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tv   [untitled]    April 3, 2011 11:30am-12:00pm EDT

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bryson if you move from funds to pressure in some. ways for instance on t.v. don't come. to you live from moscow we have a job review i should say of her week you're our top stories a battle for the control of key cities resumes in libya with gadhafi forces stepping up their fight to recapture the rebels last stronghold in the west. and japanese officials say radiation is likely to leak from the quake hit fukushima plant for at least several months three weeks after the tragedy people trying to rebuild their lives but government isn't doing enough. and in one of the largest
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energy terror operation in years russian security forces have killed seventeen militants and destroyed their camp in the north caucasus this came on the eve of the first anniversary of the deadly moscow metro. next we have a special documentary for you on how alaska became part of the u.s. . once it was a part of russian territory there are still reminders to this day children wearing russian national costumes people having russian names and many orthodox churches are standing here but more than one hundred forty years ago it became the u.s. territory though some americans still don't know about. the still asking have no idea about that stuff like nothing i don't know a thing about the alaska it's cold. it was cold a box of ice a polar bear garden and one russia but in the language of the indigenous peoples
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the word alaska means the great land. sven haakanson is steering his boat out of the narrow bay of kodiak island his ancestors have lived here since time immemorial. over the thousands of years they to solve this seascape each time they put out to sea to hunt. but they use their canoes with a couple of paddles instead of comfortable motor boats with powerful engines in the past yes it was very very difficult to hunt as an individual you need to hunt as a group in order to. in order to actually capture for example you look at the sea lions over here in order for you to hunt one of those in the several people. on a summer day and seventeen forty one scores of the natives of the land set out on
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a hunting expedition in canaries they spotted odd looking ships on the horizon. those big sail boats in the launch to an expedition led by russian explorers daring and cheerful. that was how kodiak island made its appearance on russian maps the first colonists were. guided by those maps they landed on the island more than forty years later seventeen eighty four the city of kodiak was the capital of russian america for fifteen years. streets serve as a reminder of that time. many of them still bear the names of russian travelers and merchants. there is still the street name a shell a call who all founded with his wife ned tell you the theory first russian permanent settlement in alaska and then there's still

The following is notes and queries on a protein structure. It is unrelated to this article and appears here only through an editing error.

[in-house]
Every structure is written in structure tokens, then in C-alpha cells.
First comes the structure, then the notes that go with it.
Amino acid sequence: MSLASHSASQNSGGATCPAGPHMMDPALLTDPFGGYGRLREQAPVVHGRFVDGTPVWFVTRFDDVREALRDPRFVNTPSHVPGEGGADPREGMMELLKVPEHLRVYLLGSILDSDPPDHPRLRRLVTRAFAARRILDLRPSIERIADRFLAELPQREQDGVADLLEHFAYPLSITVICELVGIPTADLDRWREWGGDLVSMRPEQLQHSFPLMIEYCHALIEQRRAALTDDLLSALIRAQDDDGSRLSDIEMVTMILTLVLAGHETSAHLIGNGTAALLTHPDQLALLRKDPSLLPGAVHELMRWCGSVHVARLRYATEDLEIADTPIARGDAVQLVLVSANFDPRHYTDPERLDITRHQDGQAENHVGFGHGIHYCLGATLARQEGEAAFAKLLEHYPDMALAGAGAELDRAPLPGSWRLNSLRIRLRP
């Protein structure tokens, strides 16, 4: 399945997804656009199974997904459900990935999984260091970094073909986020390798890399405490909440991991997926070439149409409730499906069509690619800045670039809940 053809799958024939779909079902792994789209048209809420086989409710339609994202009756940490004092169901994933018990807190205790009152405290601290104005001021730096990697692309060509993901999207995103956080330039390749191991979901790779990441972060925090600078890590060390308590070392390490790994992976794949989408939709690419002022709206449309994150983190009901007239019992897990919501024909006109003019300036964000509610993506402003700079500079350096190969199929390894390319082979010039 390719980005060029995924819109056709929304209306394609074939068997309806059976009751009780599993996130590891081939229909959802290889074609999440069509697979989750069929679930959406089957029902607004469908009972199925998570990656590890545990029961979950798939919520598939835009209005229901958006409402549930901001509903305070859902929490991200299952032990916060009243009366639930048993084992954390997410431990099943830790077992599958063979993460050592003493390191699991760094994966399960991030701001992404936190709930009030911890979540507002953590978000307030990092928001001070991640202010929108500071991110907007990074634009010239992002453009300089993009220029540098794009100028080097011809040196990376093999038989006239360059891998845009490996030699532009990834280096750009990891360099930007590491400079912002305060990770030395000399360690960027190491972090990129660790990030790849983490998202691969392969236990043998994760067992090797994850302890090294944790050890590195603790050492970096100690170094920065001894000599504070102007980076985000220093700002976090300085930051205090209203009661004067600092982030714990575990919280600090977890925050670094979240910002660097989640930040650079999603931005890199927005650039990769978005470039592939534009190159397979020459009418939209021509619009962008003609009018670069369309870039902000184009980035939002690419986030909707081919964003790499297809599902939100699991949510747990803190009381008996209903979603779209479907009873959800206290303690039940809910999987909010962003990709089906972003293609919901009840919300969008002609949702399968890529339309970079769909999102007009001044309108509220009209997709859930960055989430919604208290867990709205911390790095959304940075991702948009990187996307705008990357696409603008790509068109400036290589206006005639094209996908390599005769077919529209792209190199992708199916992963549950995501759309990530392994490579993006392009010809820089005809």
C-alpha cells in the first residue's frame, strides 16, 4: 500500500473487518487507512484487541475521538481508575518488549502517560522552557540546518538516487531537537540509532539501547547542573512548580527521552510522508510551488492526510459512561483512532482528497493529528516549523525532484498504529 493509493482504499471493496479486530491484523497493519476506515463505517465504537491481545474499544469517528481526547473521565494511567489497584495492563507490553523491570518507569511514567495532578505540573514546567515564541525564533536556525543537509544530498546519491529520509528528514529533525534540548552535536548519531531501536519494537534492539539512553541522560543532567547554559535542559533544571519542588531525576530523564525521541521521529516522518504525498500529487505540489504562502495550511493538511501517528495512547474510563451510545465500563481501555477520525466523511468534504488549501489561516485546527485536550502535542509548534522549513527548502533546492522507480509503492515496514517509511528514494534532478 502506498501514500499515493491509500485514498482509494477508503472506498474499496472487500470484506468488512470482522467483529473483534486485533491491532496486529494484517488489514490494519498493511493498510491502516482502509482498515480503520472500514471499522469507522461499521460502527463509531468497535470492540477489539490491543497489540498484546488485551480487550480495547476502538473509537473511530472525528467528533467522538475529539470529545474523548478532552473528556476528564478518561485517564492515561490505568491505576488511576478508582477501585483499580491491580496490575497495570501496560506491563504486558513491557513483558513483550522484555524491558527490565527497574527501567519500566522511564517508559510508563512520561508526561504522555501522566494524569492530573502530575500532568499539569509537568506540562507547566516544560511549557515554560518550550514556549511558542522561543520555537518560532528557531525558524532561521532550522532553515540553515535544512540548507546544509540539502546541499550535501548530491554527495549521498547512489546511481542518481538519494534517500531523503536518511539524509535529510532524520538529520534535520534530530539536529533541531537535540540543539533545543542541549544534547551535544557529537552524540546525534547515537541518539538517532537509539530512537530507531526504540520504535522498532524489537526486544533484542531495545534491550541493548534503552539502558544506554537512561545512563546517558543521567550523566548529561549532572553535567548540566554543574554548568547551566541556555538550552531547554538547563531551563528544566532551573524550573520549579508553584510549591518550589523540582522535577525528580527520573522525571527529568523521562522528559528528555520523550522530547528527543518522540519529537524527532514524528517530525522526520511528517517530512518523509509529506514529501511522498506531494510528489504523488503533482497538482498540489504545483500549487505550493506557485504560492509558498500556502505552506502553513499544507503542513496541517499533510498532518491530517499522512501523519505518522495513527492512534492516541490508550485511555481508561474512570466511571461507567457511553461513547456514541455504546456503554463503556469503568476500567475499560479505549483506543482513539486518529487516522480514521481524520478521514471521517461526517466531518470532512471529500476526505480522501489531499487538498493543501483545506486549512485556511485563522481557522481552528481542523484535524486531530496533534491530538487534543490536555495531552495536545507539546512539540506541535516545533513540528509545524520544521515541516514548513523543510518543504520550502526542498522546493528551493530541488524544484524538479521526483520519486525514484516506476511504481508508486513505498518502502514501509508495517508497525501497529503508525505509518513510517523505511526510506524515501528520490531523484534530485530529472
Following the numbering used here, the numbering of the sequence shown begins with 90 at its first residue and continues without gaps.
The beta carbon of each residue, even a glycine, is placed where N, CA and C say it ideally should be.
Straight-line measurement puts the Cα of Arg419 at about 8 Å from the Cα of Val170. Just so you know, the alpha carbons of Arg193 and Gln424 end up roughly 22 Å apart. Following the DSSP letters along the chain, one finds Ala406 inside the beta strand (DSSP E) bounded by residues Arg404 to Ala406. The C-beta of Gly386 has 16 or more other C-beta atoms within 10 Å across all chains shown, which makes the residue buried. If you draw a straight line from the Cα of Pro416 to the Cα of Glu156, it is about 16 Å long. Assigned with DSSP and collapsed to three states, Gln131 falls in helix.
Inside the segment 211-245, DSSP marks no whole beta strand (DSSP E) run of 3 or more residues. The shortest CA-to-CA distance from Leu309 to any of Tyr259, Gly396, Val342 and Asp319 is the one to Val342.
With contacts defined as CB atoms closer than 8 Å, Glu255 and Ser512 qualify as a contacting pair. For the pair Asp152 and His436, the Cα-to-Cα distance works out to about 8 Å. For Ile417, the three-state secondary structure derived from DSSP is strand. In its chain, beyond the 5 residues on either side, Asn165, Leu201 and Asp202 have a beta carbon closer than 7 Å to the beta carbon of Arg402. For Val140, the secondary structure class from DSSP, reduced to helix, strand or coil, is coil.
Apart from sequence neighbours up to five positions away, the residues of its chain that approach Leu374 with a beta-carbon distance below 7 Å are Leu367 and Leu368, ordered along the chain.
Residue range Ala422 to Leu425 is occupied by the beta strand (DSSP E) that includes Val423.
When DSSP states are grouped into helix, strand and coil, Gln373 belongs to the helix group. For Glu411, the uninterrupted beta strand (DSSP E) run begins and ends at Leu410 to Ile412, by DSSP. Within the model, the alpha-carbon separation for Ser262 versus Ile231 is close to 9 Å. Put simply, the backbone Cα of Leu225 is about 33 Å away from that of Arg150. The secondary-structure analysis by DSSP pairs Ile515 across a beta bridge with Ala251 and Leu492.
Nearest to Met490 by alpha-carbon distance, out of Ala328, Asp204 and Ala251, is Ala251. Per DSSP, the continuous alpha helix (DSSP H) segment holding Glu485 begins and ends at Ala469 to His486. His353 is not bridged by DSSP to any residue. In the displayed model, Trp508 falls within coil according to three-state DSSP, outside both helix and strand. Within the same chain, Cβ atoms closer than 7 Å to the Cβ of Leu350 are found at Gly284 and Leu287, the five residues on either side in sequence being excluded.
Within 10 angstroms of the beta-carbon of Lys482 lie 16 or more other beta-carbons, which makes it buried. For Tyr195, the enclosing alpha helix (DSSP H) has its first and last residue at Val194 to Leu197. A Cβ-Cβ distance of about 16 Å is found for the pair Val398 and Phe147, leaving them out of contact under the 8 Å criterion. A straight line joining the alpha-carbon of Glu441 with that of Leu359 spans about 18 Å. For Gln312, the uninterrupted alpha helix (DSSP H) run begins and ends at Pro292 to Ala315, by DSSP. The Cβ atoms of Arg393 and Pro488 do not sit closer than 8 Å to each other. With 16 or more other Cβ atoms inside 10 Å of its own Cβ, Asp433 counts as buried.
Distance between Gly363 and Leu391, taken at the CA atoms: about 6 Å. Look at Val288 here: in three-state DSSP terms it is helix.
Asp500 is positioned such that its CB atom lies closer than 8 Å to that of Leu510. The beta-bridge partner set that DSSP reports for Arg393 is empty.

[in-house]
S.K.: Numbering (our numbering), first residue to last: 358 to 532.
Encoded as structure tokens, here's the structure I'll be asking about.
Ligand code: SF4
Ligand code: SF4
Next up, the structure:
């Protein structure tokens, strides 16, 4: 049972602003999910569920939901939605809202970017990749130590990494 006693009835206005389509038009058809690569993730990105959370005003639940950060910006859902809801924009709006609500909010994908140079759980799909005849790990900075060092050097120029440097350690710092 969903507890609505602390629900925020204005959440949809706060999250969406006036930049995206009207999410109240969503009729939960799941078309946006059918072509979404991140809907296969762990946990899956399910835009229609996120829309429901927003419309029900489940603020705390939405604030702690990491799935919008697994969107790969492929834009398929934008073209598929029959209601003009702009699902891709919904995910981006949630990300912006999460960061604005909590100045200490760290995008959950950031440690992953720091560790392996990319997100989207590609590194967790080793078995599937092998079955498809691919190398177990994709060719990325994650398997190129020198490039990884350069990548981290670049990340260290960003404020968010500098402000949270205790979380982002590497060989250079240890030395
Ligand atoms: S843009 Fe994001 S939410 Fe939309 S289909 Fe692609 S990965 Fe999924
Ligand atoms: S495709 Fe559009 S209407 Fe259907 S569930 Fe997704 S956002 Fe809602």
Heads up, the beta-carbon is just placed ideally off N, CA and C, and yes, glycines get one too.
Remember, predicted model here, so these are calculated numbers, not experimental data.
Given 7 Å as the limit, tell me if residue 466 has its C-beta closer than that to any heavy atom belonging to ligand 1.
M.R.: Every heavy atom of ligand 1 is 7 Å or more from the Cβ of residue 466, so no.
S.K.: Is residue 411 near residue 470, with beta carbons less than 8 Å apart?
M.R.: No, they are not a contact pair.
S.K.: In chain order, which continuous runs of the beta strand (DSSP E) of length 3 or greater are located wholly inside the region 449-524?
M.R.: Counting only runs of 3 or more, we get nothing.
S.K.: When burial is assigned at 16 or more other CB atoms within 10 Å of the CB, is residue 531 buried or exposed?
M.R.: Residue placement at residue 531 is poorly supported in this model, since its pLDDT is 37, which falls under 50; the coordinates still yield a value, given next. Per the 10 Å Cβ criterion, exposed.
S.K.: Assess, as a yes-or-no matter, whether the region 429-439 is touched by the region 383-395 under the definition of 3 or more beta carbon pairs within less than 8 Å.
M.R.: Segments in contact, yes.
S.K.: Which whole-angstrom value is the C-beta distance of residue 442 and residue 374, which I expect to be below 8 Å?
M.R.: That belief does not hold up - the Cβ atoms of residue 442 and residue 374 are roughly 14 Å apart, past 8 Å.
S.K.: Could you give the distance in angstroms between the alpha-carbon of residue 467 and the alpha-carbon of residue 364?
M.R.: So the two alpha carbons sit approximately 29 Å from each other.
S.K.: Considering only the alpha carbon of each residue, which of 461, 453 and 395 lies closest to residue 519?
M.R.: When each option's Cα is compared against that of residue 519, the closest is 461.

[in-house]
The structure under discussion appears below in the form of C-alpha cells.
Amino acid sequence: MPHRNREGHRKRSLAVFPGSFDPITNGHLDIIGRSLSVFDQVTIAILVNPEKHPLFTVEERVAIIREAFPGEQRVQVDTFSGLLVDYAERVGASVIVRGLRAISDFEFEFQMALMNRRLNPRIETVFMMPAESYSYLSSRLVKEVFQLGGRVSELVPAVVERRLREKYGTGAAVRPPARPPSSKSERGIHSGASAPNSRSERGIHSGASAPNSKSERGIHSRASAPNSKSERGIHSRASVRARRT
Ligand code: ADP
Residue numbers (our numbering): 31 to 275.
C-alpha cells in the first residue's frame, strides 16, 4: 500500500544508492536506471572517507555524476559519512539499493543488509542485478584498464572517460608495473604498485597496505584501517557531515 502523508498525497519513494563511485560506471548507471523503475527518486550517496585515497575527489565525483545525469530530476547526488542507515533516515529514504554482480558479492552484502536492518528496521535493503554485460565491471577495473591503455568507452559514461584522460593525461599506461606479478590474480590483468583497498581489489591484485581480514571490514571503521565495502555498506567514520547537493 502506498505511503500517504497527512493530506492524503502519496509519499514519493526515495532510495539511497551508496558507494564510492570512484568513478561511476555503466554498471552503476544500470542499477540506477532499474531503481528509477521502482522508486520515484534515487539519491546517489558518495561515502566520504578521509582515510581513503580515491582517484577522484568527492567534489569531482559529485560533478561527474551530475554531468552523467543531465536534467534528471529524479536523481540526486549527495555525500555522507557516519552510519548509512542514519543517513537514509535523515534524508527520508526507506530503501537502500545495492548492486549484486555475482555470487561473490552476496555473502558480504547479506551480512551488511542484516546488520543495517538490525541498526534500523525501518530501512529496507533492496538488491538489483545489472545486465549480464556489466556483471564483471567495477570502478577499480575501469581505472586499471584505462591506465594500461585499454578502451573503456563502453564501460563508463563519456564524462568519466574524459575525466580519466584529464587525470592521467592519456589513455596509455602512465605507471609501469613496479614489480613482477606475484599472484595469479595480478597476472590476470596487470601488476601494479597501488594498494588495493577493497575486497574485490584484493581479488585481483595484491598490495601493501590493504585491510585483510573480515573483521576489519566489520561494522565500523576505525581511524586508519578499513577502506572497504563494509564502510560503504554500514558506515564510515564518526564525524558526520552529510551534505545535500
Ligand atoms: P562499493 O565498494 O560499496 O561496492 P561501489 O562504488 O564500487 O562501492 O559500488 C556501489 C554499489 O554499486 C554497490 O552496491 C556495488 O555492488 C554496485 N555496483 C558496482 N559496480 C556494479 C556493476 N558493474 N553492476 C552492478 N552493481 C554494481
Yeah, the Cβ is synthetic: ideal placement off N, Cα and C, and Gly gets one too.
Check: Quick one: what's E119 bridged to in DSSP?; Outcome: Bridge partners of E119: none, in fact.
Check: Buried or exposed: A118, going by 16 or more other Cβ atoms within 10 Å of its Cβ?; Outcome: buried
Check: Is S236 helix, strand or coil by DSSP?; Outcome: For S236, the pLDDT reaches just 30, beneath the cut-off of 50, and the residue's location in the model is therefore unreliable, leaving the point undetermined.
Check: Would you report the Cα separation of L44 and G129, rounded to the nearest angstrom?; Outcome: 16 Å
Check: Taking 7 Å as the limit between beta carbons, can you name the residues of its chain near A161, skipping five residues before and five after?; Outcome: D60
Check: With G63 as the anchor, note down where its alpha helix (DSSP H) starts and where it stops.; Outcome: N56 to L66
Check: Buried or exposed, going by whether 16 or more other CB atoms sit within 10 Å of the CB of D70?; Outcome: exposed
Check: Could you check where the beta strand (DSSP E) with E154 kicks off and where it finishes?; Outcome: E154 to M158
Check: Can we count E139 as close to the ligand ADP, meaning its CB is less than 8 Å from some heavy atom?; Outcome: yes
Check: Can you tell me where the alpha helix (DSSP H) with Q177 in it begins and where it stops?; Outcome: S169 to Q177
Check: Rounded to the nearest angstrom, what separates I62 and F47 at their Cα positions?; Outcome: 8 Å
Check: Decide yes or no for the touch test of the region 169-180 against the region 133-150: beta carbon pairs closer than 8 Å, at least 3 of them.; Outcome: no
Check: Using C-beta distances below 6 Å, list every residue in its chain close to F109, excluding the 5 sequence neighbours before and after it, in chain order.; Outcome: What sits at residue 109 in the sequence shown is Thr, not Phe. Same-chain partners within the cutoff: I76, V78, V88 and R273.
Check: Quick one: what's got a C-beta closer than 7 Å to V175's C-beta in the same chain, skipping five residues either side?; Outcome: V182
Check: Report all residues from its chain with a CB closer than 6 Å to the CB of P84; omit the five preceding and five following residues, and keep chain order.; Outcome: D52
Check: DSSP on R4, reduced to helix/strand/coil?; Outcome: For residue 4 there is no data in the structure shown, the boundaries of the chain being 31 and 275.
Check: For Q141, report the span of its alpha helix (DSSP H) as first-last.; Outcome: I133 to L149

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a coffs son in law were sawn off. who are was representing the government of russia and also the russian american company. the russian american company was founded in seventeen. primarily with the hunting and the selling of sea otters which dwelt in large colonies on the alaskan coast. this building was used as a warehouse from here the for which to russia and to china this sea otter pill has the sickest for of any animal the most furs per square inch this is the animal itself the sea otter this animal was what caused the fur gold rush to alaska i rush.
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russian traveler. first came to alaska two thousand and nine he organized an expedition to retrace the steps of his fellow countrymen. and was the first ever european to reach alaska's hinterland in this unexplored land and establish contact with you have original people. look to. well welcomes warmly just as their ancestors welcome these agustin two hundred fifty years ago their homes may have changed a lot but their attitude to russians remains the same. we should over clearly we welcome them back in these east into places that it once served as bases of visigoths can expression whenever we tell them we were russians many of the local people says what if they had russian ancestors. when the russians came to alaska the lives of the indigenous people changed. many of them
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began to work for the russian american company jobs involved hunting for sea otters fishing and taking part in the building of new settlements russian priests and monks visited alaska and baptized the locals in the orthodox faith russian men married local girls. russian men lived local women and their children were called creole. some creoles were well educated they held top posts in the russian capital to ship as well as in the colonial ministration you know ask us is going to. surrender how concerned lives a life entirely different from his ancestors to him putting out to sea is more like fun the more. it's fun is proud of his traditional bathhouse he sees it as a symbol of successive generations and imbedded russian traditions. when the russians came. the thing that is similar are the rocks and he steaming the washing